Christianisation: Catholicism gained foothold in Scandinavia way before the last Viking raids, but its expansion progressed slowly. By the 12th century however, many (coastal) cities had churches and the clergy started to enjoy more respect in Scandinavian society while more and more people converted to Christianity. As the strong leaders mentioned in in point 1 were usually Christian as well, it was only a matter of time before the pagan Scandinavian rulers also turned to Christ and Christians just simply can't raid, rape, enslave and kill other Christians.

https://www.quora.com/Why-did-the-Viking-raids-end

 

quote 

During the Middle Ages, the Catholic Church exerted enormous power over Europe. The Church influenced governments, waged wars and levied taxes. Although some actions, such as the Medieval Inquisition, are controversial today, the Catholic Church also established universities and hospitals, instigated positive social change and paved the way for economic growth that permanently changed European society.

https://classroom.synonym.com/positive-effects-church-middle-ages-6980.html

 

quote

 During the Middle Ages, the Church rose to replace the Roman Empire as the unifying force in Europe. The medieval cathedrals remain among the most iconic architectural feats produced by Western civilization. Many of Europe's universities were also founded by the church at that time. Many historians state that universities and cathedral schools were a continuation of the interest in learning promoted by monasteries.[2] The university is generally regarded[3][4] as an institution that has its origin in the Medieval Christian setting, born from Cathedral schools.[5] The Reformation brought an end to religious unity in the West, but the Renaissance masterpieces produced by Catholic artists like Michelangelo, Leonardo da Vinci and Raphael remain among the most celebrated works of art ever produced. Similarly, Christian sacred music by composers like Pachelbel, Vivaldi, Bach, Handel, Mozart, Haydn, Beethoven, Mendelssohn, Liszt, and Verdi is among the most admired classical music in the Western canon.

https://en.wikipedia.org/wiki/Role_of_Christianity_in_civilization

 

The trouble with history is it's way too big.  There's not time or space to go into all the details and nuances that affect any given period.  We'll get into more of this later.  Thank you for presenting the church's view of history which it has been working on perfectly for nearly 2000 years.  Needless to say:  there are others.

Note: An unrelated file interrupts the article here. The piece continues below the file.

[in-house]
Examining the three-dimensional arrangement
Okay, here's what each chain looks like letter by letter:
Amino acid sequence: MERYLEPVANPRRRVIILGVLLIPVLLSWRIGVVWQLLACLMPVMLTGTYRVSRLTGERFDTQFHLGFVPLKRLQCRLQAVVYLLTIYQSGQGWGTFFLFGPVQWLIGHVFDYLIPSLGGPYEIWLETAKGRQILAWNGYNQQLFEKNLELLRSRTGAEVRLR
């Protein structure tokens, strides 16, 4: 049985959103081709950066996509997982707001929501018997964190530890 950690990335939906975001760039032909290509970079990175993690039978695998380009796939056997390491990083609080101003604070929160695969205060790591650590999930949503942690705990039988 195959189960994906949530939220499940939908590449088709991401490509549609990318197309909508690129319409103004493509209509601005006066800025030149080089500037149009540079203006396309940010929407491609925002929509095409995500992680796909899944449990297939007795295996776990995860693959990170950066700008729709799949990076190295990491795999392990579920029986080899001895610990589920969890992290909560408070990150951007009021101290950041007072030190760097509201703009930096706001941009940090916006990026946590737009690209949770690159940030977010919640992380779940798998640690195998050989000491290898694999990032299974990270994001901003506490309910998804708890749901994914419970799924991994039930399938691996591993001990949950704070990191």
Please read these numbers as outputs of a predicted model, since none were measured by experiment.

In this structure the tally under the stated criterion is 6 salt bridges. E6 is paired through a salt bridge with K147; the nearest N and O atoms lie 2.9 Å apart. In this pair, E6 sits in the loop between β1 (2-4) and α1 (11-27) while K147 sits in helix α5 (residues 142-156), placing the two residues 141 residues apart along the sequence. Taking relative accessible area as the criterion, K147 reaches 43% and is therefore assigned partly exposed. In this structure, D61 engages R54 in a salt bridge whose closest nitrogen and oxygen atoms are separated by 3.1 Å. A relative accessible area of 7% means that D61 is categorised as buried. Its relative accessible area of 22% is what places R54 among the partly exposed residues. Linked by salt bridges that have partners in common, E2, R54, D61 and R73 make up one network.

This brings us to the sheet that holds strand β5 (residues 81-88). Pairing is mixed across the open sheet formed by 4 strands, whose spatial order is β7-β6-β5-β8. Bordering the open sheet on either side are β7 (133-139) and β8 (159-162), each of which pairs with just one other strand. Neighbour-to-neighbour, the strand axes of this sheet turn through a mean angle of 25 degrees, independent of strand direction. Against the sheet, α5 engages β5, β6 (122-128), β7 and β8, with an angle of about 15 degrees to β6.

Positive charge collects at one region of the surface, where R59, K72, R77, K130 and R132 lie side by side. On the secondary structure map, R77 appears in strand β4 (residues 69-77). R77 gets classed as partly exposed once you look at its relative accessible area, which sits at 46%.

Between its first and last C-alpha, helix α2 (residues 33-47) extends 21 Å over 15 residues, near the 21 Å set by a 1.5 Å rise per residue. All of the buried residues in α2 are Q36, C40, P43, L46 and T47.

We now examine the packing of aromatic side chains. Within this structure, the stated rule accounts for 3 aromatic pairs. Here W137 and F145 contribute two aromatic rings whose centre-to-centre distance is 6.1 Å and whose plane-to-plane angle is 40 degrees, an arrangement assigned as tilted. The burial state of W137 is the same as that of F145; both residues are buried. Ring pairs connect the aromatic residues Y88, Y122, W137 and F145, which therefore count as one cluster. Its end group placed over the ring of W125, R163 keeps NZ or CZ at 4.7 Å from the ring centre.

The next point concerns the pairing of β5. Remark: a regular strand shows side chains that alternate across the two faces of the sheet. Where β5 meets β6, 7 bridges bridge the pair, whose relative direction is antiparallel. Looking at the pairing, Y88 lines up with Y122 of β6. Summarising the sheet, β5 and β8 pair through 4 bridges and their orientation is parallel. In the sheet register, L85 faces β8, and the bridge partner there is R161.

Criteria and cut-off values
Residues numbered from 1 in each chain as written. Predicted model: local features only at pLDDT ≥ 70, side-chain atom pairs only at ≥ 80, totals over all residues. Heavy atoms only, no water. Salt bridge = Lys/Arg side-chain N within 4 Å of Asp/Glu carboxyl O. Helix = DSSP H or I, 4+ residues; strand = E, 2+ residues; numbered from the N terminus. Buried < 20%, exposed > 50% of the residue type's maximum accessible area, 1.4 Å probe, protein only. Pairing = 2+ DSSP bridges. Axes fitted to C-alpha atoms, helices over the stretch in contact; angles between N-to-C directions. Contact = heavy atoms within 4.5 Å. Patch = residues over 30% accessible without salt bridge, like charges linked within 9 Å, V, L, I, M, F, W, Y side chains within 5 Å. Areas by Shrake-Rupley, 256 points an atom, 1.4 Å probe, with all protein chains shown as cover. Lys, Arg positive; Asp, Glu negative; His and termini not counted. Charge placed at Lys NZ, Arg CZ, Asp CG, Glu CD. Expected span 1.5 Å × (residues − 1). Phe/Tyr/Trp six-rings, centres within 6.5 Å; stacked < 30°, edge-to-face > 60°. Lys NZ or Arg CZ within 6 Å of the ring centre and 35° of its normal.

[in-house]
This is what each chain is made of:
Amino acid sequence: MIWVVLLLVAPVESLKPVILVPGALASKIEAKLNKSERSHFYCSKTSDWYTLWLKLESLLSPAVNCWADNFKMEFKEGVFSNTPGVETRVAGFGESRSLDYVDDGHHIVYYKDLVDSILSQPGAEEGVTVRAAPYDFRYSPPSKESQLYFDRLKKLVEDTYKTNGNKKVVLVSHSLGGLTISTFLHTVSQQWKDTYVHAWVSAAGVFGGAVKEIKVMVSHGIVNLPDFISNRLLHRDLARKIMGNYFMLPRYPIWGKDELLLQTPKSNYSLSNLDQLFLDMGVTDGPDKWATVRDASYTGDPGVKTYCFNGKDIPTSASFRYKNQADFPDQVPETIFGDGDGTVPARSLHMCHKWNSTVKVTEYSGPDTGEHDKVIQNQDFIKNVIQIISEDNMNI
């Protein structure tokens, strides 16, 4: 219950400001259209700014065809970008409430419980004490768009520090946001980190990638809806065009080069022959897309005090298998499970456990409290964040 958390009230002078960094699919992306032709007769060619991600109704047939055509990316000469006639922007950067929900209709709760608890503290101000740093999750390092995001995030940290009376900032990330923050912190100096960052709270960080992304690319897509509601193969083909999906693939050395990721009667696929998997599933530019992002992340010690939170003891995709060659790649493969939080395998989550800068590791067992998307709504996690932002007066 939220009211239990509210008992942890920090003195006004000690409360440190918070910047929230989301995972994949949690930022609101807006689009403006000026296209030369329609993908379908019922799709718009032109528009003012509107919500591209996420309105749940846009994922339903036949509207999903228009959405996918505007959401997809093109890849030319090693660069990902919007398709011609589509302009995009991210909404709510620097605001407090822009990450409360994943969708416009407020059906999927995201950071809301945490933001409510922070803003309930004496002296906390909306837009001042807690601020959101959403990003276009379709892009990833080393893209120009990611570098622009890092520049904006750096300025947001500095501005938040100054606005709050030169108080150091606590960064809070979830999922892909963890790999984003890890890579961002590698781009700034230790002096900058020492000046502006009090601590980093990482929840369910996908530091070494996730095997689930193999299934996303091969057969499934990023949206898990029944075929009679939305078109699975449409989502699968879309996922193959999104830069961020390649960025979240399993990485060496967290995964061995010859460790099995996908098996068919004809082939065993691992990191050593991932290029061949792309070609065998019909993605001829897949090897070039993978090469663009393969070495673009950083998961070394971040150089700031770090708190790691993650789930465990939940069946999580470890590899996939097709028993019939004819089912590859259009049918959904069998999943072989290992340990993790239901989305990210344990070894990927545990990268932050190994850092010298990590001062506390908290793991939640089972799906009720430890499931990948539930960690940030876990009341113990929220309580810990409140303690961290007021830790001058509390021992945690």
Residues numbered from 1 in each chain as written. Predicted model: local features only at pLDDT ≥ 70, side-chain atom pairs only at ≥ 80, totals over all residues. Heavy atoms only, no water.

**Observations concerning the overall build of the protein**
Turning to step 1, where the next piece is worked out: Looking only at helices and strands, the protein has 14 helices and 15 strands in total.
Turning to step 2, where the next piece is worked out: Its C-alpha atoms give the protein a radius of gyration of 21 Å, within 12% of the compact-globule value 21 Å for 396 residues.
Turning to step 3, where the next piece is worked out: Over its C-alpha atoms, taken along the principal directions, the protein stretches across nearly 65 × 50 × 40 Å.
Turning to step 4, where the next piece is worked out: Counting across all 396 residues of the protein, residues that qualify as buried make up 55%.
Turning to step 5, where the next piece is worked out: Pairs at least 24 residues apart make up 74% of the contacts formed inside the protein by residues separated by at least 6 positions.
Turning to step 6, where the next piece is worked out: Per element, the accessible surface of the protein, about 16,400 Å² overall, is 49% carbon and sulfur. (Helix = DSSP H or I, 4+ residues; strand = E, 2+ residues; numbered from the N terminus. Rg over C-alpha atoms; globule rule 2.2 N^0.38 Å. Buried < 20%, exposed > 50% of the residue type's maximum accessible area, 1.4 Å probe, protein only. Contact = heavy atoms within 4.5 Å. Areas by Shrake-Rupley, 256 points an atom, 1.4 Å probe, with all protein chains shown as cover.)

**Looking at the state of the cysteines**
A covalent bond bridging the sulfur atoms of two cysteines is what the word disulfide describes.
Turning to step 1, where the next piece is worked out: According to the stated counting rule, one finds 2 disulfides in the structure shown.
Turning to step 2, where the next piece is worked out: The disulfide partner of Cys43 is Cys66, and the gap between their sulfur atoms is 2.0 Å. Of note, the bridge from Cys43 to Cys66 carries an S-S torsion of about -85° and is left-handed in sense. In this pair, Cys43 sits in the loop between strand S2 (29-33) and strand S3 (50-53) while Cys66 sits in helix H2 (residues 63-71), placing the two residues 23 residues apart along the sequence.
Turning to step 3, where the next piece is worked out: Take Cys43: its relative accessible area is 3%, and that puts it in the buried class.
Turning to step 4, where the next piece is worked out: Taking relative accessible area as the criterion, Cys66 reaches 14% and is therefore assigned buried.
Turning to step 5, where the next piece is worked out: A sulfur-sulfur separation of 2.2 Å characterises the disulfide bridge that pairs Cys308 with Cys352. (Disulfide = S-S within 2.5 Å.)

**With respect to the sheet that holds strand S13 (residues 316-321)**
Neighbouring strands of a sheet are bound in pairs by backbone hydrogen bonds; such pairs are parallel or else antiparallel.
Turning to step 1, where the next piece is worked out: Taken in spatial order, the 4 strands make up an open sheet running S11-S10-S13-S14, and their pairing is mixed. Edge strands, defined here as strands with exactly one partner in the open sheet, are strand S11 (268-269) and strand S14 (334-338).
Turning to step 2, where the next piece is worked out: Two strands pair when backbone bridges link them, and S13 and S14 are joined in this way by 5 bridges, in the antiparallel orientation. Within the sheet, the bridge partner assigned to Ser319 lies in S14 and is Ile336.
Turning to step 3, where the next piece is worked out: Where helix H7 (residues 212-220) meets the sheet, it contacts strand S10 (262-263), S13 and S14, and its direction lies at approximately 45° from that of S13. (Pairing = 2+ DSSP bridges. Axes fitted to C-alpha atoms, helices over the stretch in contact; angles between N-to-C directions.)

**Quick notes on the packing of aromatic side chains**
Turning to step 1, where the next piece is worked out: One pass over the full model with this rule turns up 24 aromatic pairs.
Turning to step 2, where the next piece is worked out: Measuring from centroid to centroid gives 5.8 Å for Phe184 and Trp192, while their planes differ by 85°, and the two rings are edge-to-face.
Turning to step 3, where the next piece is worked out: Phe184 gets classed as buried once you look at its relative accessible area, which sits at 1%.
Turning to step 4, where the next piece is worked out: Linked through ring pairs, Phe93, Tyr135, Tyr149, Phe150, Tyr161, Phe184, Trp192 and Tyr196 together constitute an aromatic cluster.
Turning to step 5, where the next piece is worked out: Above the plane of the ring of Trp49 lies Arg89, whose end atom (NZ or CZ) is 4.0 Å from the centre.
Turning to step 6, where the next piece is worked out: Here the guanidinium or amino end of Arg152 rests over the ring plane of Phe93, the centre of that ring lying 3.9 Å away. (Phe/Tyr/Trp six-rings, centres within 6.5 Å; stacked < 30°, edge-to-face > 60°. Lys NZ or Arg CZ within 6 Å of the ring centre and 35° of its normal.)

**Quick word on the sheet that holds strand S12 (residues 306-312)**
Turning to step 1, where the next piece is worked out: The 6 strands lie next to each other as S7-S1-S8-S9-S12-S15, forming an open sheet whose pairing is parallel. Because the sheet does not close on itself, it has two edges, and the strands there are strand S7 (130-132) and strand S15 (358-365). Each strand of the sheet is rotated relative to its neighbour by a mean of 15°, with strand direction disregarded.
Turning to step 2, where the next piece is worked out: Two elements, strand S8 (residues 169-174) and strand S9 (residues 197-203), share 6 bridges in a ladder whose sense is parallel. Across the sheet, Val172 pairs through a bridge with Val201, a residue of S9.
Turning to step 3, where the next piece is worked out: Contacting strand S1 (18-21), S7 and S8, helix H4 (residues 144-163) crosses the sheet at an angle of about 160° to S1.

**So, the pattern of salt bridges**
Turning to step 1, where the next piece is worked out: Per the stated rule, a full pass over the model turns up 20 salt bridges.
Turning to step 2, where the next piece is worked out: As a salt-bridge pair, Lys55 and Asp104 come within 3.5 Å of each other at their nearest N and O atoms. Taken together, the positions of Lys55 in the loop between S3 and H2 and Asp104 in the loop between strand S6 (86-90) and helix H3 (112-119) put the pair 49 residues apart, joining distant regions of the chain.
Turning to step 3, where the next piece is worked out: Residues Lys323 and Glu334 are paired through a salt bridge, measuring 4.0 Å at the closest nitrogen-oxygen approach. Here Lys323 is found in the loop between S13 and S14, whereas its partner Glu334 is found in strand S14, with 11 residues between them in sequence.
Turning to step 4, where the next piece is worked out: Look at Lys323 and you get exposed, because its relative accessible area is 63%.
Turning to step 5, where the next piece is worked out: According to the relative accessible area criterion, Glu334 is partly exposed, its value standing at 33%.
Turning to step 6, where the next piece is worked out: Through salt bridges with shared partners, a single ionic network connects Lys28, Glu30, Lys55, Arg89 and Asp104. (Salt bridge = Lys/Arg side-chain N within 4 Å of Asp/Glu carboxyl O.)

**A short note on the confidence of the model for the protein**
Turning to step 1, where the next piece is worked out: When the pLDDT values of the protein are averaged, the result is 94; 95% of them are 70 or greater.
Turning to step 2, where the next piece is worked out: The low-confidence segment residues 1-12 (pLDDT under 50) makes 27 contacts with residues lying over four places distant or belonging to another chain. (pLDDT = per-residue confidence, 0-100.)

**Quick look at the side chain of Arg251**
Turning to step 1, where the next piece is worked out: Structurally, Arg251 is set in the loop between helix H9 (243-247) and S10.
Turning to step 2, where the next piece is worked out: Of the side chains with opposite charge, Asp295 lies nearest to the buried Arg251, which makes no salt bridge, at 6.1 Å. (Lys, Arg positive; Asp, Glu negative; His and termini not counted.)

Doug

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I pick on Christianity a lot because I was raised Christian.  They're the ones I know most about.  Just to convince Mr. Walker that I am not exclusively anti-Christian, here is a story involving Islam:

Remember 9/11?  It was, of course, a religious act.  The most-devout men on those four aircraft were the ones who murdered their passengers, many others as well, and committed suicide, something both God and Allah supposedly abhor.  They said their attacks were punishment for a society of materialism and sexual pluralism.

A few days later, Billy Graham, speaking at the National Cathedral in front of the families of the victims voiced the opinion that the victims were all safe in Paradise and would not wish to return even if they could.  He delivered this insult while the ruins were still smoking.

In knowing all about the Promised Land, Graham joined the Saudi pilots in condemning America.  The Greek Orthodox patriarch of Athens announced that the attacks were divine judgment.  A group of Christians and Jews vented the same thought in an ad on the op-ed page of the New York Times.  Men from all branches of religion endorsed Osama bin Laden’s actions and statement that the US is “the world leader of atheism.”

If only that were true.  In this, the world capitol of materialism, people disarm themselves into thinking if an unknown group is approaching them with religious intent, that group must be benign.

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23 hours ago, Doug1066 said:

I have written a series of short essays on how religion harms society.  I plan to post one a day and give people a chance to comment.

This is not a god exists/god doesn't exist thread.  We have had a number of those on UM and gone nowhere with them.  This thread is about religion, not god(s).  One does not have to believe in god to have a bad experience with those who do.  Some of these are from my own experience.  Some are from historical accounts.  And some are borrowed from atheist writings.  I present them because they need to be heard.

I will have a lot to say about how the organized churches looked the other way while the Nazis burned Europe.  I will have a lot to say about how the church never does the right thing when it can do the remunerative thing.

To begin this thread I start with an incident from my own experience:

How did the Nazis construct an Aryan identity? | South African History Online (sahistory.org.za)